I think what I love about what he’s doing is that it is contextually relevant for students—he is preaching the gospel and unashamed of what it means to be Black and Christian and what it means to impact the campus. So much so that when we talk about campus renewal, people are paying attention. The campus is being changed and transformed because of his ability, and the Holy Spirit’s work through him, to have courage and excitement and boldness to share the gospel, and to have a vision for the fact that God is calling Black men and women to respond to his invitation to be a follower. So I think that that’s a great example.
I’m also excited about the work that Jamal Morris is doing in Chattanooga with his students. One of the opportunities he’s seen is the importance for Black students in doing community service, so he’s partnered with local churches in Chattanooga to mobilize students to disciple and tutor young elementary kids and middle-schoolers in the neighborhoods. It has been a great partnership that is causing a lot of good stir in the city. His students at the university are excited because they also get to give back and see the renewal of neighborhoods. I love that there’s a work that is happening on campus and that students are thinking missionally, not just about the campus but also about their neighbors—men and women who look like them who don’t have access to the kinds of resources that neighborhoods typically have.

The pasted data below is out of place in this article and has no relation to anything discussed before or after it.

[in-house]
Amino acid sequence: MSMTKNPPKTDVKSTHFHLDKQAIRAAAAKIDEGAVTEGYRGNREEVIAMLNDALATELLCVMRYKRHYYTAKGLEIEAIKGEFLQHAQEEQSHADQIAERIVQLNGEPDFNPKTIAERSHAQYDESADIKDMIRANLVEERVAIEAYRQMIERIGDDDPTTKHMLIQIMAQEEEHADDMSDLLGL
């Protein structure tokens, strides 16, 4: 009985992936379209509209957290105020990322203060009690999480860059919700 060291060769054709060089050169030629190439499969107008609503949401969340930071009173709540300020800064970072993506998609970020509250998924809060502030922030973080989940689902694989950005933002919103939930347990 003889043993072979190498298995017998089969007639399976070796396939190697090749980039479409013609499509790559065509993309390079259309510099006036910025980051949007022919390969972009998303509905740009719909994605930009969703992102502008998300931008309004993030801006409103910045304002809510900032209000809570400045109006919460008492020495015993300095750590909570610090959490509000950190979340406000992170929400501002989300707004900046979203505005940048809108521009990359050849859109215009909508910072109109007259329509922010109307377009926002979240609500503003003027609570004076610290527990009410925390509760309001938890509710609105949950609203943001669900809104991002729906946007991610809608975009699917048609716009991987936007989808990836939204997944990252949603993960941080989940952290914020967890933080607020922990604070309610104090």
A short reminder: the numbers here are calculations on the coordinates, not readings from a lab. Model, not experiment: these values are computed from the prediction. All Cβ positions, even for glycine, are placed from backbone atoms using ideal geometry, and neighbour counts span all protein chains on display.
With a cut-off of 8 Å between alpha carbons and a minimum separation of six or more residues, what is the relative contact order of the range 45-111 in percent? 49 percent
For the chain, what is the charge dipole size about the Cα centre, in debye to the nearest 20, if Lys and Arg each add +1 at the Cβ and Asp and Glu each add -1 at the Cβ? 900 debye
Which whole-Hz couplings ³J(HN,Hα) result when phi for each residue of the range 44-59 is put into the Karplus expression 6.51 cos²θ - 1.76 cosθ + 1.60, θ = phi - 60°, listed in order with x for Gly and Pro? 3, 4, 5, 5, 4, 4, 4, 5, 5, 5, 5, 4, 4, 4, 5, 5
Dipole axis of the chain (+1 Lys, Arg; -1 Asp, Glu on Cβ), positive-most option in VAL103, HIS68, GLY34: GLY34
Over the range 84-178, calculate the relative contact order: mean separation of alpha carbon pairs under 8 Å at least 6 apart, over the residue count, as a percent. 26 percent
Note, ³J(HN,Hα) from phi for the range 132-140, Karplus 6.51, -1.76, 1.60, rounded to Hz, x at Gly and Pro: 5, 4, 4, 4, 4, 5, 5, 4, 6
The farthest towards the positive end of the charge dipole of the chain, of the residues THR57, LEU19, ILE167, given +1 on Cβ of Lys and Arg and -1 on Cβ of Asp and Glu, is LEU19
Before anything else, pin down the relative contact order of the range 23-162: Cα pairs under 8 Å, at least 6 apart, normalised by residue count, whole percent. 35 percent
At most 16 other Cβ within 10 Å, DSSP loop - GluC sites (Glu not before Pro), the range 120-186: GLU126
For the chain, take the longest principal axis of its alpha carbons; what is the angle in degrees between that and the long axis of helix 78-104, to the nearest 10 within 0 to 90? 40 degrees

How can readers support your work as BCM Director and support BCM around the country?
One way is just to pray for the climate on college campuses toward Black students. Pray that Black students thrive on the campus, that they find opportunities for community and fellowship. I want the establishment of InterVarsity chapters to serve Black students—for them to become the place where Black students thrive and say, “Yes, I’m choosing to stay at such-and-such college because I believe that God’s called me here, I have the vision for what he’s calling me to do here, and that even amidst some of the tension or issues that I face, I have a certainty that I can do this because God is with me.”